Sunday, May 11, 2003
It's gooey, glittery, cheap, bouncy and kind of obnoxious. What more could you ask of a new hot plaything?
We're talking the "Water Yo Yo Ball," a simple squishy globe full of water that swings on a rubber string. The Los Angeles-based Imperial Toy Corp. has sold more than a million in nine months.
The balls were banned at a Brooklyn elementary school because kids were hitting one another with them, according to The Wall Street Journal. One child opened his and drank the water. But on the other coast, a Beverly Hills school handed them out as rewards for good behavior.
They are recommended for children 8 and older, says Peter Tiger, Imperial's CFO. For younger kids, "parents should use caution. It's a rubber band. If kids wrap them around their wrists tightly or something, it could hurt them," he says. The solution inside the ball is water with a food preservative.
The newest ones come in shapes such as footballs, lady bugs and baseballs. Some kids have started collections, trading them as they might marbles or cards. They're $1 at Wal-Mart stores.
Getting under your skin
Customize, customize, customize has been the mantra for the 21st century.
We wear our initials on clothes and design athletic shoes online. We personalize our houses, weddings and food (hold the butter sauce, and skip the cilantro, puh-leeze). Toyota even offers consumers POD ("personalization on demand"), an automobile with you-asked-for-it features like front seats that can rotate to face the back.
But now here comes the ultimate sales ploy in personalization.
It's an anti-aging skin treatment cream presumably based on your own DNA. It's offered by the New York-based company Lab21, and since its introduction in December, response has been phenomenal, says spokeswoman Mai Lin.
It all starts with a cotton swab that is swept across the inside of your cheek. The company sends the DNA sample to a genome laboratory along with your answers to a 21-question quiz. The laboratory tailors a cream of 50 to 60 ingredients.
The technicians look at such factors as the breakdown of collagen, which is the protein below the skin that causes wrinkling as it loses elasticity and your propensity for sun aging. The cream is three times more effective than off-the-shelf skin products, says Nathaniel Benson, Lab21 president and founder. For $250, you get 1.7 ounces.
Doctors are skeptical, The Wall Street Journal says, and want to see more research. No published data so far show it can prevent aging.
The line is carried at some Saks Fifth Avenue stores, but you can also order an at-home DNA test. For more information, call 1-877-MY-LAB21, or log on to www.lab21.com.
In the cards
These scary times have triggered a craving for peace of mind and closer connections with other people, says Hallmark Inc. trend analyst Marita Wesley-Clough.
It has also spawned a new relish for comfort foods that reminds us of relationships, connections and happy times.
You can read it all in greeting cards that zoom in on today's moods with remarkable accuracy. For example, Hallmark's line "A Little Slice of Happy" features cheerful figures and foods such as meat loaf, mashed potatoes, chocolate, doughnuts and toast and jam.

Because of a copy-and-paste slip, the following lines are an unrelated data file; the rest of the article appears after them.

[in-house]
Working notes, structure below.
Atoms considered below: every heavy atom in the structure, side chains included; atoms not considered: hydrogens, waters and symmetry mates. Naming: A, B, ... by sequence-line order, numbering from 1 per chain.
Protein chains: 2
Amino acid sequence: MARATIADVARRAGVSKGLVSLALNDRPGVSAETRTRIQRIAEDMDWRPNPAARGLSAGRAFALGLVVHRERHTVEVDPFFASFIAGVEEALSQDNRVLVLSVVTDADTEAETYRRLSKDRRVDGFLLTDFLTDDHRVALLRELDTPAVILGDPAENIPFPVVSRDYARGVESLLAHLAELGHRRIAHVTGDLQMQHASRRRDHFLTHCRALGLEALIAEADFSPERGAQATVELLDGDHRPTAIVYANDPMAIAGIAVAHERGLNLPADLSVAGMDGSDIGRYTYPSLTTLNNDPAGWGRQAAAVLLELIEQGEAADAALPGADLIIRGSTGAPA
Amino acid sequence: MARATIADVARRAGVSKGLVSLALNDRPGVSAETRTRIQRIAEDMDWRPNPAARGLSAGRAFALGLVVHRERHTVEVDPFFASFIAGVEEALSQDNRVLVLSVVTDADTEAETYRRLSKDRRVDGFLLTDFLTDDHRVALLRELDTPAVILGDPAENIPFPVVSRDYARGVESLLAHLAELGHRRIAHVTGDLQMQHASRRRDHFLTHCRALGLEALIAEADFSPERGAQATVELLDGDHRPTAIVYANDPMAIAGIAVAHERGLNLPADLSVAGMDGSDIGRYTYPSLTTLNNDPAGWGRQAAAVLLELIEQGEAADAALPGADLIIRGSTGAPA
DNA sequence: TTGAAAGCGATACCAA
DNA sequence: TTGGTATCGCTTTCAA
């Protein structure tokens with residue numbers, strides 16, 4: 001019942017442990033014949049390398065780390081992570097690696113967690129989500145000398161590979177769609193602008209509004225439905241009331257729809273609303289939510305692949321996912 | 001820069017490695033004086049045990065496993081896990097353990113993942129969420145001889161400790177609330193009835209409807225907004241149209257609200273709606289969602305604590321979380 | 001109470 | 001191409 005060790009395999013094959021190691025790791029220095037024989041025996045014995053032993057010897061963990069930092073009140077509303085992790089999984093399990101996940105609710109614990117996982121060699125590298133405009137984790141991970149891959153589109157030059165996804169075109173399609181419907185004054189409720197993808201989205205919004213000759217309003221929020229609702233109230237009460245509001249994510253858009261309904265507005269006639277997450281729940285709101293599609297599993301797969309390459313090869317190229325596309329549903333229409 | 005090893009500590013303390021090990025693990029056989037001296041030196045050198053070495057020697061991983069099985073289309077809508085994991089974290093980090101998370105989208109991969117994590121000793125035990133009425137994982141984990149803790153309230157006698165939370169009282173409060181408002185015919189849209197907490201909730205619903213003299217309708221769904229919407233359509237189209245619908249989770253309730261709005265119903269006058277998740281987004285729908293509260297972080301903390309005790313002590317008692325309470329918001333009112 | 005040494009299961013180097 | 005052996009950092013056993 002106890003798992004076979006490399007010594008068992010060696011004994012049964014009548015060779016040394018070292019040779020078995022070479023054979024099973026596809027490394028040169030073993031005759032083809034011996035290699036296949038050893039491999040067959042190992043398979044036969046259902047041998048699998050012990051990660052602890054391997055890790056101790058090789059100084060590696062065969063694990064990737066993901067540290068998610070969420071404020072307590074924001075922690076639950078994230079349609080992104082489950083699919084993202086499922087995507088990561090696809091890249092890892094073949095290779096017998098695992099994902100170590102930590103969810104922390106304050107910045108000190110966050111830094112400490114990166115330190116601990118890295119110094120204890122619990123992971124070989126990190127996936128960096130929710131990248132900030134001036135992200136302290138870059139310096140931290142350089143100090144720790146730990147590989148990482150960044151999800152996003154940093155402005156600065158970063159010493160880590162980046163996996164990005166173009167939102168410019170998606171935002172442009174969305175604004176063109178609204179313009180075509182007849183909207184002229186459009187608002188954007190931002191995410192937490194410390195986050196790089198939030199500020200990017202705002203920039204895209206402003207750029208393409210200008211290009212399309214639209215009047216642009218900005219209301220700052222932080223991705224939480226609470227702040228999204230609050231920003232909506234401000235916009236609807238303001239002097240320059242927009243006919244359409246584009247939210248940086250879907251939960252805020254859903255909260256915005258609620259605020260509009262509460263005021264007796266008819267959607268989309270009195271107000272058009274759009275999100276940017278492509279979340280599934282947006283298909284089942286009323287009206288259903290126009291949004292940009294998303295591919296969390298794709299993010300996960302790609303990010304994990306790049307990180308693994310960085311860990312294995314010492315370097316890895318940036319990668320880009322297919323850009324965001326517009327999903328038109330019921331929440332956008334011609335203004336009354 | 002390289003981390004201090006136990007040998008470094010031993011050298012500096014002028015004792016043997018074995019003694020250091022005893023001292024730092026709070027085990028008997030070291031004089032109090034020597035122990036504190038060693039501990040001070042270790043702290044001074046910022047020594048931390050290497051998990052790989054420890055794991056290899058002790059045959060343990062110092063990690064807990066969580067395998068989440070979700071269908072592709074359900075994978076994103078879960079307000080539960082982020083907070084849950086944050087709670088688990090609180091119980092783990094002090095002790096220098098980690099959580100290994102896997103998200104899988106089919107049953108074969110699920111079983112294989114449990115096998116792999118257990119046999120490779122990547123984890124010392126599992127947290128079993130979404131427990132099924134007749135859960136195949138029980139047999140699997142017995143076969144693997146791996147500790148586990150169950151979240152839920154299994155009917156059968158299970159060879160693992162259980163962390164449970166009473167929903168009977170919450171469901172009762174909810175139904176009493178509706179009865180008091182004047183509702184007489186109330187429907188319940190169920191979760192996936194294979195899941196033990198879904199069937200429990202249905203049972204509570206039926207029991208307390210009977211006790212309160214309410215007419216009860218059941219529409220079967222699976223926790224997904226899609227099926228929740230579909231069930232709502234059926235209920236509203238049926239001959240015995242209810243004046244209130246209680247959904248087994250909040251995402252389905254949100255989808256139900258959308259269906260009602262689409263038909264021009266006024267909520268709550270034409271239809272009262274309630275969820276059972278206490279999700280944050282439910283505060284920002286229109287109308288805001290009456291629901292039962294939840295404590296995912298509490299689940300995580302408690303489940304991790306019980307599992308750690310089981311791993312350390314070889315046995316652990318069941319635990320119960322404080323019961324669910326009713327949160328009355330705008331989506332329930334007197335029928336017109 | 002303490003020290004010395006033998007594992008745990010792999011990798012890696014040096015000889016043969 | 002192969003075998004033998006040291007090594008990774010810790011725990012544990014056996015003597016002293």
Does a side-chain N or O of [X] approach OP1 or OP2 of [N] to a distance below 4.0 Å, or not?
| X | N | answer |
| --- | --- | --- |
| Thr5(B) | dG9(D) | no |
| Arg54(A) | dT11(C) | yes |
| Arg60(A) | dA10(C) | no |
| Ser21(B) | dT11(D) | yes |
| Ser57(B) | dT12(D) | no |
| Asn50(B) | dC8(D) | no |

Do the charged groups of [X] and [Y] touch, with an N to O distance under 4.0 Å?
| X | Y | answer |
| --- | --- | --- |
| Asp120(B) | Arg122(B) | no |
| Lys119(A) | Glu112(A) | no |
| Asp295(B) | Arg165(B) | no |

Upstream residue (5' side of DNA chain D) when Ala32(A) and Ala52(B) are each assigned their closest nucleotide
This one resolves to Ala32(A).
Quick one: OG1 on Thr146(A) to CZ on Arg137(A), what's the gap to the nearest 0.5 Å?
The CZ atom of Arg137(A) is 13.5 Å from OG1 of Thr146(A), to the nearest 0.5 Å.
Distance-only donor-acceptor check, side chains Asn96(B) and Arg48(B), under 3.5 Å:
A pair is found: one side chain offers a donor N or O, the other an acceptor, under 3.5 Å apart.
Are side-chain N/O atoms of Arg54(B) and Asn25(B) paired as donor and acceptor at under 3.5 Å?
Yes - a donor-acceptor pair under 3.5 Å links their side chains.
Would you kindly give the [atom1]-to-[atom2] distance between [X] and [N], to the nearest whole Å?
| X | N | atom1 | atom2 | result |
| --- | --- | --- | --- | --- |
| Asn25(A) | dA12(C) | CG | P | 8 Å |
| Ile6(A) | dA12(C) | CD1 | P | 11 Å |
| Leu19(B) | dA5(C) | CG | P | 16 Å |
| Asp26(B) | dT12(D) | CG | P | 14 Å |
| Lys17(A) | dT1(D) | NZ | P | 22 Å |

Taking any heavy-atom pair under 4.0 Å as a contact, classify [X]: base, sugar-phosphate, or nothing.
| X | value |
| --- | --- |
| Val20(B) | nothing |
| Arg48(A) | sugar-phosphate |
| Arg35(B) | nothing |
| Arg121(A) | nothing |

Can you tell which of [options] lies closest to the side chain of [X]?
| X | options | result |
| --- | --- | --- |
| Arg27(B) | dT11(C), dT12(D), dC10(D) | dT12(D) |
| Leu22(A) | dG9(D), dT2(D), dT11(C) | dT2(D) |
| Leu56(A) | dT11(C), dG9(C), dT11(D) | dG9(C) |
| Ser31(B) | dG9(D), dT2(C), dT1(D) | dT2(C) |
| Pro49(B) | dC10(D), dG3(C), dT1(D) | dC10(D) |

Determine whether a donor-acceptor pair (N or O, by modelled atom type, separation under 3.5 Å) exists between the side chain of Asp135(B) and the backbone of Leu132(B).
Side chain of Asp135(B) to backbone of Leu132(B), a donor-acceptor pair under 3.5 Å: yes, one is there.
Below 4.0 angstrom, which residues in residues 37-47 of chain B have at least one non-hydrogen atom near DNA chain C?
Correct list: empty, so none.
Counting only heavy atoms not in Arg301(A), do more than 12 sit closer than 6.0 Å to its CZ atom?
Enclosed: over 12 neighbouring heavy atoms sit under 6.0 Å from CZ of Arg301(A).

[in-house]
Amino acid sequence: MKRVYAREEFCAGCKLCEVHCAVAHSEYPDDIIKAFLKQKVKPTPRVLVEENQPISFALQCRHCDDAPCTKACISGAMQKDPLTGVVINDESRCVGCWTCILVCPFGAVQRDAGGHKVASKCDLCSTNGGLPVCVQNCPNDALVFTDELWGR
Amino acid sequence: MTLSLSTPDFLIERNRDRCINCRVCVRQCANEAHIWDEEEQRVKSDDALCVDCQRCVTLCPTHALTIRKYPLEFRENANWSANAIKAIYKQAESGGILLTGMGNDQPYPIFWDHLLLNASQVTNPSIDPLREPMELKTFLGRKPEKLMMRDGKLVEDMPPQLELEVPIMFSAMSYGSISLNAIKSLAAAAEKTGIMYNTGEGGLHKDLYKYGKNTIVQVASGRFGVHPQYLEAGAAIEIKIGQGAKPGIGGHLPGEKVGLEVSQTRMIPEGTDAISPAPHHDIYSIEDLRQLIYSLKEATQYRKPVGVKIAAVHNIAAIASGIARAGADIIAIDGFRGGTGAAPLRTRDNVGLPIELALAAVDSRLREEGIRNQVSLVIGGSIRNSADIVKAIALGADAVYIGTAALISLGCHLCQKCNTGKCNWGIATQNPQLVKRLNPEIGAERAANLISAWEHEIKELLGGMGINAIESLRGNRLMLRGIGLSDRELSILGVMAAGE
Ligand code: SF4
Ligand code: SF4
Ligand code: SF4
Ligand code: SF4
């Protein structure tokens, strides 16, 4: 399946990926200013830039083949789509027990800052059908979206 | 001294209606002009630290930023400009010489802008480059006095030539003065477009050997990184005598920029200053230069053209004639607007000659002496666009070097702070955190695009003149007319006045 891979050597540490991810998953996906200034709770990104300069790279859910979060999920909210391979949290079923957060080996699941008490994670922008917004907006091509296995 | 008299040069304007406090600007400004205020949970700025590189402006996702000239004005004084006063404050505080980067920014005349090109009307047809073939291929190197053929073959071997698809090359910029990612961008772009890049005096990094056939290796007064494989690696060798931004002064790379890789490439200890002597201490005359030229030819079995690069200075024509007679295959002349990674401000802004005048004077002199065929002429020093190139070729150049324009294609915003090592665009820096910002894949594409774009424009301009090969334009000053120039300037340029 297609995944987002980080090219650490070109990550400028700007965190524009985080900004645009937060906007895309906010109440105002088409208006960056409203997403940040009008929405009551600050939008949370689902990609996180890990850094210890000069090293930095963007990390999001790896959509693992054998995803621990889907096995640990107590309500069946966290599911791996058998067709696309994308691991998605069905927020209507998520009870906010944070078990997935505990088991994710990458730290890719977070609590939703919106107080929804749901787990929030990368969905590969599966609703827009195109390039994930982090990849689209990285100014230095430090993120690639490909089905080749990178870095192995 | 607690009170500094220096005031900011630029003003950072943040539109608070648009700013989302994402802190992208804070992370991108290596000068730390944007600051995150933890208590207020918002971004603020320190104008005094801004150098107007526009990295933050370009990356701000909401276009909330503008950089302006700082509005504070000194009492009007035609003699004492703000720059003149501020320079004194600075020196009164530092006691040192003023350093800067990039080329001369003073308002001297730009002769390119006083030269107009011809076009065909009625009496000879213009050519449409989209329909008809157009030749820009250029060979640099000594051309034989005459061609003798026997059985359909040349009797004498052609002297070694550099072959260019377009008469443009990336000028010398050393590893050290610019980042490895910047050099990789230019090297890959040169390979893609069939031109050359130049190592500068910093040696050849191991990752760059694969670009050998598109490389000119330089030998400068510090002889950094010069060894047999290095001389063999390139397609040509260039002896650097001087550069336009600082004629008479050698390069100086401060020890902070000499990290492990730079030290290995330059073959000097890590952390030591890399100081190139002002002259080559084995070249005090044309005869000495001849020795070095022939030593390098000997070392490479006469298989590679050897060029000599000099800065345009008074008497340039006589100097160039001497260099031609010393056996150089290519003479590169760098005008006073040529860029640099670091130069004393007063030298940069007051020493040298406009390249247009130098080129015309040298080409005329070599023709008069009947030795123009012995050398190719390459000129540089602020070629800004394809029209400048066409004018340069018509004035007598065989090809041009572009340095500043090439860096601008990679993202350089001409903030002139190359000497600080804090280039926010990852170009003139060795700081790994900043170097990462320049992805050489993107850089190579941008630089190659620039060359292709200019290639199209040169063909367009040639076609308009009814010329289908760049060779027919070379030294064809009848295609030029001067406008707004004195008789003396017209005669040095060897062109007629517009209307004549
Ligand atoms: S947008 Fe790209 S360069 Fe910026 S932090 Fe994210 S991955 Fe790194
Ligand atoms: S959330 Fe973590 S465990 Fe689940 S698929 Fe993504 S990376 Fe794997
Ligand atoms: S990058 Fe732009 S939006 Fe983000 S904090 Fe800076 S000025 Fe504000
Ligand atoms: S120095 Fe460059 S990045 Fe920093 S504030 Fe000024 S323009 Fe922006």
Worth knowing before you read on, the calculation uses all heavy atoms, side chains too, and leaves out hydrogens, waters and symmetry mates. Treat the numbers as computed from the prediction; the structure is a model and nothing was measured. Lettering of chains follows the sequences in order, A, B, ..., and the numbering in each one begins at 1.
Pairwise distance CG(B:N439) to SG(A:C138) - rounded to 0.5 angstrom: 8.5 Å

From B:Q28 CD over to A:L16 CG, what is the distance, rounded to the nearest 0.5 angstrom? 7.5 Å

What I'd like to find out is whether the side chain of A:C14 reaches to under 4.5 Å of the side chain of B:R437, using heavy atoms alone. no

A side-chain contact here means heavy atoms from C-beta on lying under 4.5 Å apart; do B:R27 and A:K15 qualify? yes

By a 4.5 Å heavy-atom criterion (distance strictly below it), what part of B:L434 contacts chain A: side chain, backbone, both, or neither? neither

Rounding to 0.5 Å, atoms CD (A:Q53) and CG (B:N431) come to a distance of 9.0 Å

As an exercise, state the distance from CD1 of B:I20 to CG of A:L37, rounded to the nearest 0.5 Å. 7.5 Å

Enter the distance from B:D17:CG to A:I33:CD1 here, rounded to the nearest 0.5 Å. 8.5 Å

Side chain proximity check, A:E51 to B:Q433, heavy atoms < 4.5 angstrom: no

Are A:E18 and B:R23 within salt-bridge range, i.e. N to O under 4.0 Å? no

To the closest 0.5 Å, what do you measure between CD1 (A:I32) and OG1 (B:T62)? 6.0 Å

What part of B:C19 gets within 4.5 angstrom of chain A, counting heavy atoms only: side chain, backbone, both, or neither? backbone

Wesley-Clough predicts peace of mind will become such an issue in the future that it will be taught in schools, and the "value of a person will be based on one's sense of self."
A new hot tea
Colors come and go in fashion. Also in tea.
Move over green. The newest hue (and most expensive) hue of tea is white, according to The Wall Street Journal.
Little evidence exists thus far, but its promoters say white tea contains more flavinoids, a chemical found in all tea. The substance is considered to be an antioxidant beneficial in fighting cancer, heart disease and even weight gain and cavities.
The color of this tea is determined by how the leaves and buds of the South Asian white evergreen, Camellia sinensis, are picked and processed. Green tea is made from withered leaves. Tea is white when buds are plucked by hand, air-dried and steamed, says the Journal. Because the buds are harvested only a few days in March, the tea is costly.
White tea is a already the basis for a new skin-care line called A Perfect World from Estee Lauder's Origins brand. Look for it as vitamins, hair-care products and fragrances to come. (White tea skin scrub, anyone?)
Don't feel cheated if your brewed white tea isn't white. It's actually a pale yellow or light red.
Almost everybody knows Michael Graves is a familiar label at Target stores for swell teakettles and toilet bowl brushes. But what about a new front porch?
The architect known for famous museums and corporate buildings around the world is extending his repertoire to prefabricated rooms, porches and gazebos, The Wall Street Journal reported recently.
Priced between $10,000 and $26,000, the structures are by far the most expensive Target items. The company expects a boost from the nesting instinct that comes in uncertain times. People tend to put their money into the home.
Also, think of the status boost in the neighborhood when you can boast a porch by Graves.
The kits are expected at www.target.com sometime this spring.